In what appeared to be the first of her pre-planned lines of attack, Hillary Clinton played off Donald Trump’s assertion that she stayed home while he was busy campaigning, saying:
“I think Donald just criticized me for preparing for this debate. And, yes, I did. And you know what else I prepared for? I prepared to be president. And I think that’s a good thing.”
In their first presidential debate, Secretary Clinton looked both prepared and presidential. Mr. Trump looked neither.
On foreign policy, Trump was meandering and many times incomprehensible. Clinton deftly explained the purpose of the mutual defense pact at the heart of NATO; explained how the sanctions she helped impose on Iran led to a successful deal that “put a lid” on its nuclear program “without firing a shot;” and explained how to work with our Arab and Kurdish allies to defeat ISIS in Iraq and Syria and target its leadership, like she participated in taking out Osama bin Laden.
Even more than what she said, it was how she said it. She looked every bit the former Secretary of State, and future president, when she calmly chastised Trump by saying that “words matter” and on behalf of the American people, sought to reassure the world that the United States will honor our international commitments.
On the topic of achieving prosperity and creating jobs, Hillary neatly presented her three-point plan for investing in infrastructure, raising the minimum wage and enacting equal pay for equal work. Trump responded with his familiar trope of bad trade deals. But when specifically asked by moderator Lester Holt how he would specifically bring back manufacturing jobs, Trump had nothing: “Don’t let the jobs leave.” Well, thanks for that, Donald.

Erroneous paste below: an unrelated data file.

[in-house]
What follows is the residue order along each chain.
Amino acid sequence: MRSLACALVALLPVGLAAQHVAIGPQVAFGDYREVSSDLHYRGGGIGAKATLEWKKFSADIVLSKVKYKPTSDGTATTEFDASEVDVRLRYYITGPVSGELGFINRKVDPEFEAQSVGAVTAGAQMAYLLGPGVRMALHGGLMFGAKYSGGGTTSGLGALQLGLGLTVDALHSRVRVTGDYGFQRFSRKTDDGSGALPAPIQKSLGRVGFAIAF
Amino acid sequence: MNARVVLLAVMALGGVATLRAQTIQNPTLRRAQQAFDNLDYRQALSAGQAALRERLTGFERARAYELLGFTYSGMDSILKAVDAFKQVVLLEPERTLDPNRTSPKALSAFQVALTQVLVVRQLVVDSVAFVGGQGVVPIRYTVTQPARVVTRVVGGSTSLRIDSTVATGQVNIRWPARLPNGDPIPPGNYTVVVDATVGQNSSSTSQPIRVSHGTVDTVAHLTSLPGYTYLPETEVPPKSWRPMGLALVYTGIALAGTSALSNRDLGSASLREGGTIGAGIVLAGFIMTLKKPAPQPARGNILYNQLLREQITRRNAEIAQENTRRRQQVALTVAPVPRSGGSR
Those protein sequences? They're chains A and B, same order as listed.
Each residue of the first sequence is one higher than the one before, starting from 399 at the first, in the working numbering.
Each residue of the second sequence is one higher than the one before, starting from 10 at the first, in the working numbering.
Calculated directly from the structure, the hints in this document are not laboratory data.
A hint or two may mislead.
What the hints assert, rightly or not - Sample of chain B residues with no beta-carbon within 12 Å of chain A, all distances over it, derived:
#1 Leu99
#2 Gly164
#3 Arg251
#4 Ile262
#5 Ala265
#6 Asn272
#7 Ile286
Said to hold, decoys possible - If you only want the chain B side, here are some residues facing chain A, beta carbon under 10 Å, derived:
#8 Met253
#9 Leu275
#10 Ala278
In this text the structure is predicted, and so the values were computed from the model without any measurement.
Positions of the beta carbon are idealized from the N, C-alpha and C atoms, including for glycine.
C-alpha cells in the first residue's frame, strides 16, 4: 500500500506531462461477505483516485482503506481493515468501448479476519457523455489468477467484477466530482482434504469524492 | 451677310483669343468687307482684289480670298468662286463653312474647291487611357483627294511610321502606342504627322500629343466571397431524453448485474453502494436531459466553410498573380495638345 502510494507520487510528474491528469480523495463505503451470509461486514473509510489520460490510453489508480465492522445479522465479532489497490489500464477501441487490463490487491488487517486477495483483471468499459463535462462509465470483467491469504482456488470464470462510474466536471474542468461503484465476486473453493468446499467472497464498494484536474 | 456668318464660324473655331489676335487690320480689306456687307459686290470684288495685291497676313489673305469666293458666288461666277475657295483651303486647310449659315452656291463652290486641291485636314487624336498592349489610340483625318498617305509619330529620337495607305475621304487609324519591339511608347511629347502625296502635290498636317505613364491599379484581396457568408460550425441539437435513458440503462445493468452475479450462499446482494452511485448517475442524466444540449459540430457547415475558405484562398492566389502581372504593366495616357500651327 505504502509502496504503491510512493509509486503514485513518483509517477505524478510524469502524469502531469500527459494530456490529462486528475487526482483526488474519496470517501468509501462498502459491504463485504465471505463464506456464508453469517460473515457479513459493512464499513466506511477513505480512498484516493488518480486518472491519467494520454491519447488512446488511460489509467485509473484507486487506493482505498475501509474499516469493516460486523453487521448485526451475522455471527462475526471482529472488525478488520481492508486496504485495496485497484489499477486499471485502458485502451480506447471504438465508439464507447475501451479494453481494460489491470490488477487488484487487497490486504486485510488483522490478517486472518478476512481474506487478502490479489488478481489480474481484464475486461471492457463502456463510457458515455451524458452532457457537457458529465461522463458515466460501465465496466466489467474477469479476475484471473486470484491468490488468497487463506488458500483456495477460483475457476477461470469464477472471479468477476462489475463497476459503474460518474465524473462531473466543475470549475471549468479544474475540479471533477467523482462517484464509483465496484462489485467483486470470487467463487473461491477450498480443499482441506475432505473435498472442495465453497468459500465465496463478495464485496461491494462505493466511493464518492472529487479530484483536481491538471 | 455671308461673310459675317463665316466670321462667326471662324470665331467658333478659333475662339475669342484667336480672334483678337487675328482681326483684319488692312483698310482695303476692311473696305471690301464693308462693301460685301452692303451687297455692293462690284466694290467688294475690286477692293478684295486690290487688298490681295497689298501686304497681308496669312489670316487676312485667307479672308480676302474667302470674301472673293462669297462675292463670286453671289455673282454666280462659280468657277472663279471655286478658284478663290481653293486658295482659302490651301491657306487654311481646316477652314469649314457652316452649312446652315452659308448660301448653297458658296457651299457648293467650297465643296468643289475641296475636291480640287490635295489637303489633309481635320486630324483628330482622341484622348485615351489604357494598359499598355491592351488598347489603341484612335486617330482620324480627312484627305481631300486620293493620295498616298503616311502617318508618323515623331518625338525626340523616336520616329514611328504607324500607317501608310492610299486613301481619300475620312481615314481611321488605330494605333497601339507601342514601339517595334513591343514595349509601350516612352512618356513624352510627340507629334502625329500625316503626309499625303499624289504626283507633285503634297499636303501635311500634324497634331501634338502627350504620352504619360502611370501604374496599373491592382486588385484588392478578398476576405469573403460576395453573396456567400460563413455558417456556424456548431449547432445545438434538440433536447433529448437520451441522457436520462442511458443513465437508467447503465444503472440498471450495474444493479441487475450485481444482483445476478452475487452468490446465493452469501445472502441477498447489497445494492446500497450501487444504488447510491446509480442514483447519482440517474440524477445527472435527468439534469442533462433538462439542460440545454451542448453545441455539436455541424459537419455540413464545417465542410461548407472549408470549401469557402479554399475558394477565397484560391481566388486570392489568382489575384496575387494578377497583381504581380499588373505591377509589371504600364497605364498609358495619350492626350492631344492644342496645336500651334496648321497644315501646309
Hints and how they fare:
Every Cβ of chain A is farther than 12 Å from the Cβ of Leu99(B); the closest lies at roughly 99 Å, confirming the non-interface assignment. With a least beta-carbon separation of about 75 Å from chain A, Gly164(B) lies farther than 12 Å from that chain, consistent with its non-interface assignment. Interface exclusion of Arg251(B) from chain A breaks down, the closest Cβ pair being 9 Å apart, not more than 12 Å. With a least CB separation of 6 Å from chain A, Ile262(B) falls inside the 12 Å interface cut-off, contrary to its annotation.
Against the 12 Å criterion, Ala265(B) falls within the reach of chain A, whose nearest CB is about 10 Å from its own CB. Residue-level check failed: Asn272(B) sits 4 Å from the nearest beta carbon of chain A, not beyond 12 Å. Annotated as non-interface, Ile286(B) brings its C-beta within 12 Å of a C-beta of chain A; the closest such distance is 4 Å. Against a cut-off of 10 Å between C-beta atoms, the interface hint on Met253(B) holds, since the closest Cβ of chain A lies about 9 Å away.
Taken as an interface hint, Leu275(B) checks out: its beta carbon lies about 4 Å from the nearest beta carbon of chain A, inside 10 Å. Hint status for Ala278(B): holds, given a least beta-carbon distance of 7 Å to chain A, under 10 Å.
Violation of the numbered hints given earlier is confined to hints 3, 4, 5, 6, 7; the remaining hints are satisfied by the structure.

Trump tried to fall back on his business experience as a cudgel against Clinton. But Hillary was ready. She explained how he actually rooted for the 2008 housing collapse so he could profit, which he admitted by saying, “That’s called business.” But then she made a frontal assault on Trump’s disastrous economic plan, which would give a big tax break to the wealthy, blow a $5 trillion hole in the debt and lose 3.5 million jobs. She memorably connected his economic policies to those of past failed Republicans: “Trumped-up trickle-down.”
She was even able to humanize income inequality – early on setting the foundation that she is the daughter of a small-town drapery printer. She then recounted how Trump stiffed a multitude of independent contractors at his casinos and properties — and then personally took umbrage on behalf of her father and all small business owners.
Lester Holt didn’t help Donald Trump in asking pointed questions about why he won’t release his tax returns and took so long to renounce his birtherism about Barack Obama’s birthplace. When her damn emails came up, Hillary crisply repeated that it was a mistake and took responsibility. Donald tried, but couldn’t mount an effective counter-attack.
Trump’s body language throughout was most telling. He constantly interrupted (51 times), made faces on the split screen and seemed to drink a gallon of water. He made Marco Rubio’s sip of water during the Republican response to the 2013 State of the Union – which Trump himself mocked during the primaries as an example of “chocking” – seem poised.
As the minutes ticked, Hillary stayed focused and Donald became increasingly incoherent and tired. So it was particularly ironic that Trump closed by repeating (4 times in back-to-back sentences) that Clinton lacked the “stamina” to be president — or the “look,” whatever that means. Hillary, who at that point had put on an energetic performance for 90 minutes with no need for water, thank you, delivered a knock-out:
“[O]ne of the worst things he said was about a woman in a beauty contest. He loves beauty contests, supporting them and hanging around them. And he called this woman ‘Miss Piggy.’ Then he called her ‘Miss Housekeeping,’ because she was Latina.
“Donald, she has a name. . . . Her name is Alicia Machado. . . . And she has become a U.S. citizen, and you can bet. . . she’s going to vote this November.”
If the recent tightening in the polls has reflected the public’s concern with Clinton’s recent bout with pneumonia, tonight proved that she is fully recovered. Hillary Clinton did what she always does: she studied the issues, worked the hardest and came the best prepared. She passed the commander-in-chief test; Trump didn’t. I think the voters will notice that she got her groove back.